Students are being driven to "pathological depression" by anxiety over debt, according to a book published today.
Undergraduates' academic results are also suffering as they go further into the red, the book, edited by academics from Bath and Exeter universities, found. Students who expect to run up large debts by the end of their course are four times as likely to suffer from depression as their colleagues who expect to owe less, the study by economic psychologists found.
Nearly a third (32 per cent) of undergraduates who anticipate owing substantial amounts are depressed, compared with just 8 per cent of other students. Meanwhile half of the students questioned believe their financial problems damaged their academic results.
Female students are more likely to stick to a budget, and less likely to get into debt than men. But paradoxically women tend to be more worried about their debts. "While women are likely to pay a bill with their last £10, men are more prone to spend it on alcohol and social activities," according to the book's editors, Adrian Scott, Professor Alan Lewis of Bath University and Professor Stephen Lea of Exeter University. "Men are more likely to take a devil-may-care attitude, spending irresponsibly on their social lives even as the amount they owe rises."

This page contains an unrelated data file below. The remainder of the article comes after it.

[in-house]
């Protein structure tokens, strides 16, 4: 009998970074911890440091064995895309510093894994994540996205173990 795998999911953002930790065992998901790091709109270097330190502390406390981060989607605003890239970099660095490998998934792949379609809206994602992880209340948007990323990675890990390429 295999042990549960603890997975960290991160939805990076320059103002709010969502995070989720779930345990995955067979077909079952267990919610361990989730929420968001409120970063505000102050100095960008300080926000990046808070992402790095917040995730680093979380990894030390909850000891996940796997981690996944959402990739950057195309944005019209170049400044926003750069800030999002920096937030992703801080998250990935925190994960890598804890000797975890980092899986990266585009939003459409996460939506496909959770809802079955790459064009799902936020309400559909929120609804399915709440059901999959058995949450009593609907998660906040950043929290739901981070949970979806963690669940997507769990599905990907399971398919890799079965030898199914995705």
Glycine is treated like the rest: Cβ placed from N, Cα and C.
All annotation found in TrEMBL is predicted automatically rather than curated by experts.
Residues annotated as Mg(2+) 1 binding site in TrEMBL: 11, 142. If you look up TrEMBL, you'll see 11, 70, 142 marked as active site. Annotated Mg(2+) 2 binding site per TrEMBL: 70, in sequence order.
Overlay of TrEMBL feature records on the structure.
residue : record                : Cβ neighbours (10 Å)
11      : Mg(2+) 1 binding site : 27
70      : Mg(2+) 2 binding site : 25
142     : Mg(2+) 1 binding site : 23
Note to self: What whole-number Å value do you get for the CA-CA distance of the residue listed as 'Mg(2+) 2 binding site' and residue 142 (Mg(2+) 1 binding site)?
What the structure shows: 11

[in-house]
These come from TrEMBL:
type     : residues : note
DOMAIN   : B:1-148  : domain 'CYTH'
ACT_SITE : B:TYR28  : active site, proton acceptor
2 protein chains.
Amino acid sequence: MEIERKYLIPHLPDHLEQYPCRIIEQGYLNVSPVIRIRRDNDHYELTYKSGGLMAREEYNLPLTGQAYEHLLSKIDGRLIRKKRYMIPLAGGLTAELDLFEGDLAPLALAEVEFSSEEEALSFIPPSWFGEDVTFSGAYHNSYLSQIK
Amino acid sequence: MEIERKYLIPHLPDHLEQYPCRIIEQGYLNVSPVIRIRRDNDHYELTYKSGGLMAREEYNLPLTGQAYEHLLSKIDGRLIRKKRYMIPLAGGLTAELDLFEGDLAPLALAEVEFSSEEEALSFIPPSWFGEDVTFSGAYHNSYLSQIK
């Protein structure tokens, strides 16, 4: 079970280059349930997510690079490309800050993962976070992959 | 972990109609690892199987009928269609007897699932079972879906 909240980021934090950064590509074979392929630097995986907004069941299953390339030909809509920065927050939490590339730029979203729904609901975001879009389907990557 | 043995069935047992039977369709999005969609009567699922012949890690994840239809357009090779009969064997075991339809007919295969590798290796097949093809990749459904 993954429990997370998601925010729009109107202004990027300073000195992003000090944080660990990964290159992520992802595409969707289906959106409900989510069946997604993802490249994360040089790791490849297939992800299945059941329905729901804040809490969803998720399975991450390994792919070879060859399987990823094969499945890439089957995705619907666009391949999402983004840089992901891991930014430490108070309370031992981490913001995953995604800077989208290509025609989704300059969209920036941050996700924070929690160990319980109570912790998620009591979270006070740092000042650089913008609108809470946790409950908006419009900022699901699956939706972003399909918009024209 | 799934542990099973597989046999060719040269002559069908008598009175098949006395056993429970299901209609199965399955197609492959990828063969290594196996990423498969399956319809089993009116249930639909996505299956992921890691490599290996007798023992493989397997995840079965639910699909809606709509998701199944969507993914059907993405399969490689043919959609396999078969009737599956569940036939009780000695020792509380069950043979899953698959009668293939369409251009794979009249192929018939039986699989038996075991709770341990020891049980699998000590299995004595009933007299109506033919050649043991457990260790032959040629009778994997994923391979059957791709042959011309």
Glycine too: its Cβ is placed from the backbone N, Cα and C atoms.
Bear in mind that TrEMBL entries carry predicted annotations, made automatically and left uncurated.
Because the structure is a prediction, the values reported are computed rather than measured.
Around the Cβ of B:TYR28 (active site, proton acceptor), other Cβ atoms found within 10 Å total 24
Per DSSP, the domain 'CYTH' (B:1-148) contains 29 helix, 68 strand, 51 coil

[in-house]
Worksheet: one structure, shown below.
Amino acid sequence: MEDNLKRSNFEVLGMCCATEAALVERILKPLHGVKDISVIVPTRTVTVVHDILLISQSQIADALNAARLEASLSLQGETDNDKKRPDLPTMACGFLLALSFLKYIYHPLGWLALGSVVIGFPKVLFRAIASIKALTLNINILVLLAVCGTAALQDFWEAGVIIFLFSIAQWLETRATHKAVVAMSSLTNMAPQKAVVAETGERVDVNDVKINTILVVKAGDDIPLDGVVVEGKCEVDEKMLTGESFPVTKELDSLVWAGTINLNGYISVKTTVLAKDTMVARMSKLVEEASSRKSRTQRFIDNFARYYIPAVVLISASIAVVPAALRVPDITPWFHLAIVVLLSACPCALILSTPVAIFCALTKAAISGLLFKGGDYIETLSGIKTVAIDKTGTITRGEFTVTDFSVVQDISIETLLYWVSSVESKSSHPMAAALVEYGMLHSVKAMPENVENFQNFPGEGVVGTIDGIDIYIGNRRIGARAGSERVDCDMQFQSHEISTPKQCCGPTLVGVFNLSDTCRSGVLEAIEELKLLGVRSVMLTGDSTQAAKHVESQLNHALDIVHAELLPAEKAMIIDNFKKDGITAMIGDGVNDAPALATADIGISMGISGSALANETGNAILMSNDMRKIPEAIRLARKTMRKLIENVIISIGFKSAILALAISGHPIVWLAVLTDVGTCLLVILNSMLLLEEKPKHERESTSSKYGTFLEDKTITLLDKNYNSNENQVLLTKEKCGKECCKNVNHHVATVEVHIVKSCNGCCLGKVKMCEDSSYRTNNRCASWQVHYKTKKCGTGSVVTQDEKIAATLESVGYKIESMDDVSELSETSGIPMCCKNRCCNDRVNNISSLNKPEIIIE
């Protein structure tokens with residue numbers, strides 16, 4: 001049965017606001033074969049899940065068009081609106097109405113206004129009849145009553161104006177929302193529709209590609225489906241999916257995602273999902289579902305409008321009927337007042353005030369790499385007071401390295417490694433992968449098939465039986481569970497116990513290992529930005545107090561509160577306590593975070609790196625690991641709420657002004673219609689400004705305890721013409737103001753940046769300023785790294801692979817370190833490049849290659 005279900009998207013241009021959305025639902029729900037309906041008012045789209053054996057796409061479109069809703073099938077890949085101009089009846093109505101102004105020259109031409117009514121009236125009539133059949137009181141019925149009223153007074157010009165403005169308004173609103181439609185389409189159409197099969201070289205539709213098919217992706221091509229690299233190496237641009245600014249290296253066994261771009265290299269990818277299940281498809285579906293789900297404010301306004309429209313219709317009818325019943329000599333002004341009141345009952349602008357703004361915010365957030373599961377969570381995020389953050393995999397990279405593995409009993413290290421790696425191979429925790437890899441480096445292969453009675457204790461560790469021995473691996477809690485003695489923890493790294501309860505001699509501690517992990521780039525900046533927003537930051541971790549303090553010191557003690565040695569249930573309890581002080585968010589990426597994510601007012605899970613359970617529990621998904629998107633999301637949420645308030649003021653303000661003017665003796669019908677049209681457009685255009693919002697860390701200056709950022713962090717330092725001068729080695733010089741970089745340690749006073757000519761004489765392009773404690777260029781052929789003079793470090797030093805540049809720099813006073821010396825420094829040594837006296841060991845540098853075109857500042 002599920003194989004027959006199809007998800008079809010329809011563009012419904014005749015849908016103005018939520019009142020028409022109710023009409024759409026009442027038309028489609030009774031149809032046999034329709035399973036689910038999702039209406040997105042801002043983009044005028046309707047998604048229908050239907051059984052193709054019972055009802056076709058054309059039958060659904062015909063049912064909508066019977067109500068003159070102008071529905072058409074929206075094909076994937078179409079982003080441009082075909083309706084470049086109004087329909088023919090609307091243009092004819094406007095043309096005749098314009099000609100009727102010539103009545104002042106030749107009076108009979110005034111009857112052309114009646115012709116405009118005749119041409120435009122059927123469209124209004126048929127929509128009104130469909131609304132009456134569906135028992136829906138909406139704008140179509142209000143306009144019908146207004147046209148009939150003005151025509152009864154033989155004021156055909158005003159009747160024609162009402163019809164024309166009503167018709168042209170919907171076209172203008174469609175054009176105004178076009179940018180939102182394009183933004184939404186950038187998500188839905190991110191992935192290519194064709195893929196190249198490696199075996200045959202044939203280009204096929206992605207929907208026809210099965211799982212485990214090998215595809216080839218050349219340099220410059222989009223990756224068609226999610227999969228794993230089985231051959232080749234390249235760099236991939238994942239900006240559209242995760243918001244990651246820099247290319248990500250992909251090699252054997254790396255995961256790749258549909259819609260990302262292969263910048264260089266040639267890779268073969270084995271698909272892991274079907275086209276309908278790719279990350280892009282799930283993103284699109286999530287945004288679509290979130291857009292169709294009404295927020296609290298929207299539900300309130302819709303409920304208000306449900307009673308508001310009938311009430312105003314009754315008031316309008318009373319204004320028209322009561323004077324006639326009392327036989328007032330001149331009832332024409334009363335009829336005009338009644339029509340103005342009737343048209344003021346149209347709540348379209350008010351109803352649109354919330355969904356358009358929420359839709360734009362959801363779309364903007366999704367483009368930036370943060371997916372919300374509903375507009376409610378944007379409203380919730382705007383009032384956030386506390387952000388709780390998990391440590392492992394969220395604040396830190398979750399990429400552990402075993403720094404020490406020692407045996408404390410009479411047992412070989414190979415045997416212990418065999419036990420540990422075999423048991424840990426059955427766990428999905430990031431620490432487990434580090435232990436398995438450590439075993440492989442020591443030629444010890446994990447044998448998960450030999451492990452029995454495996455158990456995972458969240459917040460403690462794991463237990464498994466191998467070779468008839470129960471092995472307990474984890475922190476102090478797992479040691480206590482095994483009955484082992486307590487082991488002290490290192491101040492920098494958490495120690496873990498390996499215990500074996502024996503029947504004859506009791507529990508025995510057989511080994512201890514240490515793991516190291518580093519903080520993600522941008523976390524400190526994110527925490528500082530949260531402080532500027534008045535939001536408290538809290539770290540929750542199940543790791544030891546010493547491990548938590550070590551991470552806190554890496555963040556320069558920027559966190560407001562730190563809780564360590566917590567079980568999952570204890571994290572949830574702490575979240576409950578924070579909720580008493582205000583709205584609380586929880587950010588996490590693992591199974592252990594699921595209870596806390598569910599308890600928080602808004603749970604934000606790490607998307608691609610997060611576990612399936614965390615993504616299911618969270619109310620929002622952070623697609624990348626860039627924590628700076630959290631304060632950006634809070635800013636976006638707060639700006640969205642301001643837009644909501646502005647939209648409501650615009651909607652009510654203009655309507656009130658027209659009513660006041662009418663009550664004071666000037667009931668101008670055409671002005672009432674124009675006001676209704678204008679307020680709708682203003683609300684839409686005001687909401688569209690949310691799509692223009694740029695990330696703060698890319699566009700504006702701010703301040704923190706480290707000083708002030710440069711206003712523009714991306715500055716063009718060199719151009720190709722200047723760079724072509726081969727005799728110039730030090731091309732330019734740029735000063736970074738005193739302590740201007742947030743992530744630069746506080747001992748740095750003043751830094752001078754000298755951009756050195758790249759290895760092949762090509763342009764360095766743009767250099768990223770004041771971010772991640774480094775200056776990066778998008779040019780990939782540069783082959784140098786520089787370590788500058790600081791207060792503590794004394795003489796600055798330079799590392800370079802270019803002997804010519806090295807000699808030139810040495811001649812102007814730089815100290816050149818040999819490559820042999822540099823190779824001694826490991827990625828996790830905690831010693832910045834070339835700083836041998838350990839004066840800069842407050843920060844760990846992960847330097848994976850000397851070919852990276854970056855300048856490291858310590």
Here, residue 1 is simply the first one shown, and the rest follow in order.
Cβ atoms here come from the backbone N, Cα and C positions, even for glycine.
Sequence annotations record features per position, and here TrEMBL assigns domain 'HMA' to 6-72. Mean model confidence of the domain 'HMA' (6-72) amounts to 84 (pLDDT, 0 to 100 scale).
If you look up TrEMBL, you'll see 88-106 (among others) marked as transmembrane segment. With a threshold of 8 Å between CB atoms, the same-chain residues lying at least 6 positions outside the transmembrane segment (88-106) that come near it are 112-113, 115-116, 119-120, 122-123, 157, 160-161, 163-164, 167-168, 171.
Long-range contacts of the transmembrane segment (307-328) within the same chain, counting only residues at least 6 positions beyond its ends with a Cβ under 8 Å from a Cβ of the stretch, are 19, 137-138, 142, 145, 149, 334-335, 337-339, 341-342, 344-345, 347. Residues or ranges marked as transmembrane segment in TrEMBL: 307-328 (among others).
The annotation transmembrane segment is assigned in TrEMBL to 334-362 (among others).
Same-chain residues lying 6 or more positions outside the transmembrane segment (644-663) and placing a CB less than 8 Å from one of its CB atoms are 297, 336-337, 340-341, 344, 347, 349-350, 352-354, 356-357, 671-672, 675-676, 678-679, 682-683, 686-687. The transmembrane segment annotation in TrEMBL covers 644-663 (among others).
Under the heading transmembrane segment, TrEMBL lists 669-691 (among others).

However students tend to be too optimistic about their future earning power and run up debts believing they will be able to pay them off quickly. About two-thirds of students over-estimated their likely salaries, the book, Student Debt: The Causes and Consequences of Undergraduate Borrowing in the UK, found.
The authors blame the replacement of grants with loans and call on the Government to overhaul the student funding system and to introduce money management lessons in schools. Professor Lea, deputy vice-chancellor of Exeter University, calls for the scrapping of up-front tuition fees. He advocates a switch to a system where fees are paid at the end of a degree, or to a graduate tax.
The National Union of Students estimates that students graduate owing up to £12,000.
* Graduates are being offered salaries of more than £68,000 to work in Europe as companies compete to attract the best workforce, according to a report published to day. On average, graduates starting work in the EU earns £28,000, it found.Reuse content